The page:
Renowned professor Thomas F. Madden focuses his expertise on what has been called the most beautiful city in the world: Venice. In these lectures, Professor Madden explains how the city on the lagoon was established by refugees escaping the onslaught of northern “barbarians” invading the crumbling Roman Empire. Through its history, Venice housed the world’s leading merchants, thrived as a maritime powerhouse, and developed into an independent republic not unlike the present United States. Venice draws millions of visitors each year, and these lectures shed light on why the city is such a continual source of fascination.
©2010 Thomas F. Madden (P)2010 Recorded Books, LLC
A very superficial old-fashinoned history. This doge did this and that doge did the other. Clearly designed so that you'll "know" what you're seeing on a brief visit to this fascinating city.
An amazing book on the history of Venice. Perfect for anyone who wants to visit. I would love if he did this series for several European cities.
I would liked to have heard more about the history of the Jews in Venice because I think that was a little white washed.
Wow! Venice has the most amazing, influential and seedy history, I had no idea. This professor is very good at explaining a fascinating subject. One of my favorites under the Modern Scholar Michael Drout lectures. I wish there was more.
I really enjoyed hearing this college lecture series on the History of Venice. I was very interested in the subject, and this aduiobook helped feed my hunger for stories and details about the amazing city. This book is a great place to start, but follow it with "Venice: Pure City" by Peter Ackroyd -- that is a truly remarkable book about the fascinating history, ancient beauty, and timeless wonder of Venice.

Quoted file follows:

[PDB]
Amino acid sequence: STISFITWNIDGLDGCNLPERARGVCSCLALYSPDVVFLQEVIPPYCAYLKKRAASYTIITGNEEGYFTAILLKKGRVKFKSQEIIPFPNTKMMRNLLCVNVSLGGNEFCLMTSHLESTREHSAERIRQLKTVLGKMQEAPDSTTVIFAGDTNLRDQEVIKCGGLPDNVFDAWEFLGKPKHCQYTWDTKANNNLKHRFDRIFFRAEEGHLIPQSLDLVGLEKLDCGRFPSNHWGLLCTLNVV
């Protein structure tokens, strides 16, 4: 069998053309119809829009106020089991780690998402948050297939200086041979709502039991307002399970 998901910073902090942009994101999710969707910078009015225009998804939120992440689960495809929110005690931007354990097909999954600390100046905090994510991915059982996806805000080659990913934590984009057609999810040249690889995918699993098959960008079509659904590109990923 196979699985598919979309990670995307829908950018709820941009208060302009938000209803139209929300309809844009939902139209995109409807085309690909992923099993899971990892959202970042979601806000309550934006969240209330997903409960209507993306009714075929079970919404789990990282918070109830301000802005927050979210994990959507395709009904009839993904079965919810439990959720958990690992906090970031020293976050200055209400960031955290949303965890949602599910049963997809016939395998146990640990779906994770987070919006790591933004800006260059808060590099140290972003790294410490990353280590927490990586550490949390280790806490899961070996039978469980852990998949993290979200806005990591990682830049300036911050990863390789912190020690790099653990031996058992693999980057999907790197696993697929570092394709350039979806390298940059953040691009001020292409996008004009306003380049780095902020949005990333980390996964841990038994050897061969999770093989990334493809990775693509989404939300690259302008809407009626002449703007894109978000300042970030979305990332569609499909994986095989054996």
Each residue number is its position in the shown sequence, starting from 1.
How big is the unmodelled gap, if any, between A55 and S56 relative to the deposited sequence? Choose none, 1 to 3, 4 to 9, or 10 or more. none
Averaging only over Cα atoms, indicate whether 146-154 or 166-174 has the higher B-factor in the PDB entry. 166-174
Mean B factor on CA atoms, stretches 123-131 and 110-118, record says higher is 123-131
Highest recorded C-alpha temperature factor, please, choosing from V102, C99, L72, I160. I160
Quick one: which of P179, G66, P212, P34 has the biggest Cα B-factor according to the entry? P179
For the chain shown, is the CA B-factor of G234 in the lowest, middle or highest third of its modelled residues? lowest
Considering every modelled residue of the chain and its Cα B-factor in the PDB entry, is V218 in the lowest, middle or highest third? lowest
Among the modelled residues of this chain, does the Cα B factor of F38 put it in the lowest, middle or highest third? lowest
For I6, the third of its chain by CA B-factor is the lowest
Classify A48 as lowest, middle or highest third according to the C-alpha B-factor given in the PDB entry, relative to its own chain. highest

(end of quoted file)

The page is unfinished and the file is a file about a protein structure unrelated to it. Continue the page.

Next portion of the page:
Selected chapters would be worth a review. The story of Venice as told in this audiobook has connected the dots of my understanding of European history, the Byzantine Empire, Napoleon, the Ottoman Empire and much much more.
The moment when, faced by the firepower of 18th century naval ships, Venice realised that the lagoon no longer offered the protection that drew the first Venetians so many centuries earlier.
Earnest, engaging, correct.
Easy to listen too yet enough depth and details to make it hard to put on pause. I liked the small details that he manages to add to the otherwise high-level story line.
It was very informative, but listeners should be warned that it is very much like listening to a class lecture.
"Interesting and entertaining"
Recommended; very interesting and clear. Has the advantage of both giving the history of Venice and placing it in the general picture of European history. A BIG minus for the professor's pronounciation of Italian names and placenames, sometimes just annoying, but a lot of the time downright impossible to decifer, especially when dealing with less famous historical characters. And why should it be so difficult for a scholar to learn how to say 'Veneto' properly?? VEneto, not VenIIto. Please! Still, apart from this, nicely read, and very informative.
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